The NHS cannot always fund drugs, operations or other care that is not routinely funded by the NHS. Normally this is because they:
- are clinically not effective or effectiveness has yet to be determined
- are not cost effective in comparison to all the competing demands on NHS funding
- have a low clinical priority and offer little health gain
- are largely cosmetic in nature.
Who decides what is not routinely funded?
A group including local doctors agree the list. It is based on expert assessments of clinical evidence and is checked regularly in order to keep it up to date.
Who can make an individual funding request?
Only your doctor or another health professional, such as consultants or specialists, can make an individual funding request to the CCG.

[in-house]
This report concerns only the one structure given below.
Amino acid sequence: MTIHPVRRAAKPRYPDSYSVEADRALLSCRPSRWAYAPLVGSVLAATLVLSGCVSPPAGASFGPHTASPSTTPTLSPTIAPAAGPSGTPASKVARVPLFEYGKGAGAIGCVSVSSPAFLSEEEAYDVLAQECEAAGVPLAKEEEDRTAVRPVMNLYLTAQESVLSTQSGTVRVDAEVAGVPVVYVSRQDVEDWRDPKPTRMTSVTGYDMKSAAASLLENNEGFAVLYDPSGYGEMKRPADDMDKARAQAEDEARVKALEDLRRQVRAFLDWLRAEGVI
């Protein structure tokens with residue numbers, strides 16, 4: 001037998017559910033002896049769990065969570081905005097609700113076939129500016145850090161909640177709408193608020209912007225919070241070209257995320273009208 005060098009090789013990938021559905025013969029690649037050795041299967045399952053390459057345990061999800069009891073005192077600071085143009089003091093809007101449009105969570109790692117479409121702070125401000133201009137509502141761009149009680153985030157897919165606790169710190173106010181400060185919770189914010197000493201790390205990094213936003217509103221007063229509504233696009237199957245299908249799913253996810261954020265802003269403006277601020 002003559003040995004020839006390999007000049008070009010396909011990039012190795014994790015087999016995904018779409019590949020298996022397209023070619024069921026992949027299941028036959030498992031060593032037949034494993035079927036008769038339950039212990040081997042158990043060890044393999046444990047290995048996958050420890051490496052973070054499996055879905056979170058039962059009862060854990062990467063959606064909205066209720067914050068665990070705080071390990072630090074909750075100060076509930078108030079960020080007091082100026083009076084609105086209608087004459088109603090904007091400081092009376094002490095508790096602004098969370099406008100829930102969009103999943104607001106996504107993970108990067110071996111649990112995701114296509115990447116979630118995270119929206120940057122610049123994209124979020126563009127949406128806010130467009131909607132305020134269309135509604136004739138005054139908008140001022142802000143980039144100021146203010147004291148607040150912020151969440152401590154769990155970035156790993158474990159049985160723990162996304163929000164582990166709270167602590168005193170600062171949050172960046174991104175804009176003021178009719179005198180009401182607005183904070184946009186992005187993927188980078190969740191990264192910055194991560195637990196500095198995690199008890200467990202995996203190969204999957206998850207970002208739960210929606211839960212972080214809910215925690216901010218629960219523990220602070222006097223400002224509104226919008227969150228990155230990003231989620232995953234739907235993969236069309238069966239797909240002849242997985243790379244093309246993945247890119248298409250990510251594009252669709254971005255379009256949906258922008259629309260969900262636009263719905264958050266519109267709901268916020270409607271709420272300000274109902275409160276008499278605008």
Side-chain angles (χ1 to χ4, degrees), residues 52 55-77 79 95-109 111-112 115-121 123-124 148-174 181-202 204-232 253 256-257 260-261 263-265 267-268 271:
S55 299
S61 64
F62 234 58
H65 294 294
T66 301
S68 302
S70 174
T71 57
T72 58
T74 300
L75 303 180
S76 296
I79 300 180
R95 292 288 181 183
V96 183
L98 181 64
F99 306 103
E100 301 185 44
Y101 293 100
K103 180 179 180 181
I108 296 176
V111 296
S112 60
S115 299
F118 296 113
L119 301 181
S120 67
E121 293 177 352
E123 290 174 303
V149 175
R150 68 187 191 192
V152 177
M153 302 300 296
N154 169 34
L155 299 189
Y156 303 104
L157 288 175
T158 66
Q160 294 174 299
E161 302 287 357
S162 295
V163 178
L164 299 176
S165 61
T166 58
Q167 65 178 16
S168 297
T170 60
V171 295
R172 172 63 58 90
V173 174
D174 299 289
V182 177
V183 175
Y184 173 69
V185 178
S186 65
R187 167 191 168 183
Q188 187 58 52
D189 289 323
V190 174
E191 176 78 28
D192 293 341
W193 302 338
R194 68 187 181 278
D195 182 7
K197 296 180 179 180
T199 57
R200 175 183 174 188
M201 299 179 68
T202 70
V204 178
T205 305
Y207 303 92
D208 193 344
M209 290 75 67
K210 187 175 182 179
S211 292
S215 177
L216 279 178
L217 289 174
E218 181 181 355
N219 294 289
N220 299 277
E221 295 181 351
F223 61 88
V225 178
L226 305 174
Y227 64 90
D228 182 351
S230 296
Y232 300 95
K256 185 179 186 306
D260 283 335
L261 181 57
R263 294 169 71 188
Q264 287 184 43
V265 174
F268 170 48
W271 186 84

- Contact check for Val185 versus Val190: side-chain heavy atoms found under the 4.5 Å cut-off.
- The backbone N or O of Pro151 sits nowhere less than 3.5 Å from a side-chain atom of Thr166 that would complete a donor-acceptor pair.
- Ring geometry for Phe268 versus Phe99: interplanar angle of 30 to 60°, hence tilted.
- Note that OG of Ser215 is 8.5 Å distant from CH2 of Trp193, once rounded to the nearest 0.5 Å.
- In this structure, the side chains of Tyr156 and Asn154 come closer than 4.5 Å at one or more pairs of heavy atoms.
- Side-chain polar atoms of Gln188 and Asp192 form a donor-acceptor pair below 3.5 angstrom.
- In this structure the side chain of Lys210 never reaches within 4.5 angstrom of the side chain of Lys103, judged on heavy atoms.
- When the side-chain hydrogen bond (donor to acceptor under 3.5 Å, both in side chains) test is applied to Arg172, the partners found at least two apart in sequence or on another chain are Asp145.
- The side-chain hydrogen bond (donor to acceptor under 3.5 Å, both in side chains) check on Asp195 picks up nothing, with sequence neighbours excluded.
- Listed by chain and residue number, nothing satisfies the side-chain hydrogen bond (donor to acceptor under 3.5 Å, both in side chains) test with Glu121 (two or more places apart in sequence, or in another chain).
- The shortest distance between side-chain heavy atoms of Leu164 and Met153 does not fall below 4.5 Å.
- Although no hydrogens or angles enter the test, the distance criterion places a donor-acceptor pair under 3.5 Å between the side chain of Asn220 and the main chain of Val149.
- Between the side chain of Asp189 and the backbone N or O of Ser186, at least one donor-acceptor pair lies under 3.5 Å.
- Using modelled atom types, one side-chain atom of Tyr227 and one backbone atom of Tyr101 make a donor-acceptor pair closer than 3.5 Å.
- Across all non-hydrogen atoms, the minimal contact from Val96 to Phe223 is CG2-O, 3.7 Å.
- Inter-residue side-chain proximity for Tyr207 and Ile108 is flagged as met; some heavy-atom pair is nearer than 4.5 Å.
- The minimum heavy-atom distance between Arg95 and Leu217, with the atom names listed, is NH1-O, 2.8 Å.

For example if:
- it is a very new treatment or drug and Bristol Clinical Commissioning Group (CCG) has no commissioning policy available
- there are exceptional reasons why the treatment or drug should be available to an individual patient.
Restricting the availability of some interventions ensures that the money the NHS spends on treatments is put to the best use - where patients will gain the most benefit.
All treatments that are not routinely funded are listed within the Individual Funding Requests Directory.
What is ‘an exception’ to this list?
Sometimes we will consider paying for a treatment or operation that is not normally funded.
This happens when:
- You have a set of circumstances that are very different from anyone else with the same, or a similar, condition. Your health professional will need to explain how you will derive greater benefits from the intervention than others who are in a similar position.
- There is good evidence to suggest that you would be healthier after the treatment or operation.
If you meet these conditions, your treatment will be considered for funding by the Individual Funding Request Panel.